Radio Problems and Methods

The launching of radio work in any section gives rise to several questions and considerations. The suggestions given in this article are the result of my own particular experience under circumstances prevailing in our part of the field.

By A. E. HOLST, Evangelist, Cumberland, Maryland

The launching of radio work in any section gives rise to several questions and consider­ations. The suggestions given in this article are the result of my own particular experience under circumstances prevailing in our part of the field. The experience of others under varying conditions might be very different. But I am glad to respond to the invitation to express my own reactions and conclusions, as based on our broadcasting.

Should We Present the Sabbath?

The answer to this question must of neces­sity depend upon the circumstances. Typical examples will illustrate. About seven years ago, we were using a station in a large city in Pennsylvania. This station was owned and operated by a wealthy Jew, the publisher of a daily newspaper. He was favorable to our people, and seemed glad to have the truth of the Sabbath broadcast from his sta­tion. In this case the way was clear to present this testing truth very definitely.

At another time we were broadcasting from a station owned by a friendly, tolerant man who did not openly object, although we felt, at times, that he was a little apprehensive about the tactful presentation of the stronger truths. In this case also we gave the Sabbath very clearly, but the mark of the beast was not presented.

In a third case, we had a yearly contract with the broadcasting station, but we were practically cut off after I preached one sermon on the New Testament Sabbath. The minis­terial union had brought pressure to bear upon the management, and we were deprived of even the regular devotional broadcast which the ministers of the city conducted in rotation. So we must be governed by circumstances and conditions in the matter of presenting the test­ing truths. We should never jeopardize the future for the sake of a seeming present ad­vantage.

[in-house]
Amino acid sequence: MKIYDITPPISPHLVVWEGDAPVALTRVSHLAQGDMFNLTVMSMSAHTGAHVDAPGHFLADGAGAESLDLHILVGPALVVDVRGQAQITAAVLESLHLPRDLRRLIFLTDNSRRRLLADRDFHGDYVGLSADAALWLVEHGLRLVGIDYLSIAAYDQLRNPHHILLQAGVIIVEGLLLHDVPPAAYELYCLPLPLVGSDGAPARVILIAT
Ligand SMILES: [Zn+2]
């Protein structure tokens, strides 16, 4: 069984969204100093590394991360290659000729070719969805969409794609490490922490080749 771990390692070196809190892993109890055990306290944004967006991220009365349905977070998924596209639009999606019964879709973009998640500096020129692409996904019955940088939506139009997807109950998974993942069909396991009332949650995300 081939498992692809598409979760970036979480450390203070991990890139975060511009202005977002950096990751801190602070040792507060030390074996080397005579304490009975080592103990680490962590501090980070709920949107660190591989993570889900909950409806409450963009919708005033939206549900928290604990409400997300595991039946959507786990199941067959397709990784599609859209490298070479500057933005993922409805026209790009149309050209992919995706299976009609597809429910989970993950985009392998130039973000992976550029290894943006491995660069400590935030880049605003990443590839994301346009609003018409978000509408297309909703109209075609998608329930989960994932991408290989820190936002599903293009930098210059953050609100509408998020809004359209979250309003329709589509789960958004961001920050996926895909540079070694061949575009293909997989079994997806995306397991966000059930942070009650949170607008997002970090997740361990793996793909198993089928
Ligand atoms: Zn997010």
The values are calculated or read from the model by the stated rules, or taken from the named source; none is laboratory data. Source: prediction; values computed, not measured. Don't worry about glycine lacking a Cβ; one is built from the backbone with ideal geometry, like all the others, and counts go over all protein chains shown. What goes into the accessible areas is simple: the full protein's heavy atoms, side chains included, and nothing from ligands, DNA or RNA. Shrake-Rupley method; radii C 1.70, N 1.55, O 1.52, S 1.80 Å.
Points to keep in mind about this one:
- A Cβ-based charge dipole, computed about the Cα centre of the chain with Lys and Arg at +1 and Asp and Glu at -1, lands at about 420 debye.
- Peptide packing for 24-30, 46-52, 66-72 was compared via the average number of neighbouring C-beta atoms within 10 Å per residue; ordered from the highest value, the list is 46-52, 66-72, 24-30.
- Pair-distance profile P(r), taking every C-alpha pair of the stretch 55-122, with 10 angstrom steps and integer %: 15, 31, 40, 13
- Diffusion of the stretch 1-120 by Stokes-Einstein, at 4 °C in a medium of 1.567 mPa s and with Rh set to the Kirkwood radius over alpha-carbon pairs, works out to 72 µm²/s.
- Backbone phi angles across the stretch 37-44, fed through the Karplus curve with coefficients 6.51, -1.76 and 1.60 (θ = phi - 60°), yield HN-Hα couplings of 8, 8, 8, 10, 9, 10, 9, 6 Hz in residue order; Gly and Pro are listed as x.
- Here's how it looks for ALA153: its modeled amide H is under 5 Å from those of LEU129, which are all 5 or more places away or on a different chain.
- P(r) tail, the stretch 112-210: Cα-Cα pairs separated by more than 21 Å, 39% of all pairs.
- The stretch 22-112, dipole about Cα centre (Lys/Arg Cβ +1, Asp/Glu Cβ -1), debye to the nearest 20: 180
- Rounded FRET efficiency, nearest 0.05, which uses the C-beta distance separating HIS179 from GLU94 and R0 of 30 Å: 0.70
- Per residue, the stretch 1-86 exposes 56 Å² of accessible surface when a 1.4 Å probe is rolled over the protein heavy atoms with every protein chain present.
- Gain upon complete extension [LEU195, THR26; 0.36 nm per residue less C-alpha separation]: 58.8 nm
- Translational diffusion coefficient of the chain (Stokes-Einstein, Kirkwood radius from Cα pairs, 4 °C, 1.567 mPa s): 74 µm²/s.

Securing Lists of Interested Listeners

If strong inducements and devices are used to encourage listeners to write, names will begin to multiply in a few weeks. However, to build up a large correspondence often re­quires several months. In order to secure a working list of names, we have found it help­ful to ask the churches in the district to make a survey of their cities, going from house to house getting the names and addresses of those who listen to our program, at the same time giving out announcements and literature. This has brought us hundreds of selective names. To these we send circular letters and further literature.

How Soon Should We Expect Results?

Some results appear almost immediately, such as the swelling of attendance at evangel­istic efforts, the molding of public opinion, and the stirring of our own members to action. Many other results, however, do not appear at once.

Radio sermons find persons in all stages of knowledge of the message, so to speak. Some have never heard anything of our truth before. Others are almost persuaded before hearing the addresses. Therefore some make their decision soon after the opening of the effort. These are usually few in number. It has been our experience that after six or eight months of broadcasting, individuals and groups appear here and there, keeping the Sabbath and rejoic­ing in their new-found faith.

Making Radio Work Self-Supporting

Our experience indicates that our own mem­bers must sustain the work for several months. Gradually those not of our faith begin to send offerings. In some cases, after six months of broadcasting, enough money comes in to pay for the work, although many of the gifts still come from our own people.


1. Be sure that you have sufficient backing, financial and otherwise, to carry along the work over the first six months at least.

2. Make every effort to secure as long a list of listeners as possible. Keep a constant flow of letters and literature going out to this list.

3. Seek to enlist their financial cooperation.

4. Present the most testing truths by mail, instead of over the air, unless you are very sure of your ground. And even then it may be a deterrent against future radio work. We must keep the air lanes open.

5. Do not fail to pick the fruit as it ripens.

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By A. E. HOLST, Evangelist, Cumberland, Maryland

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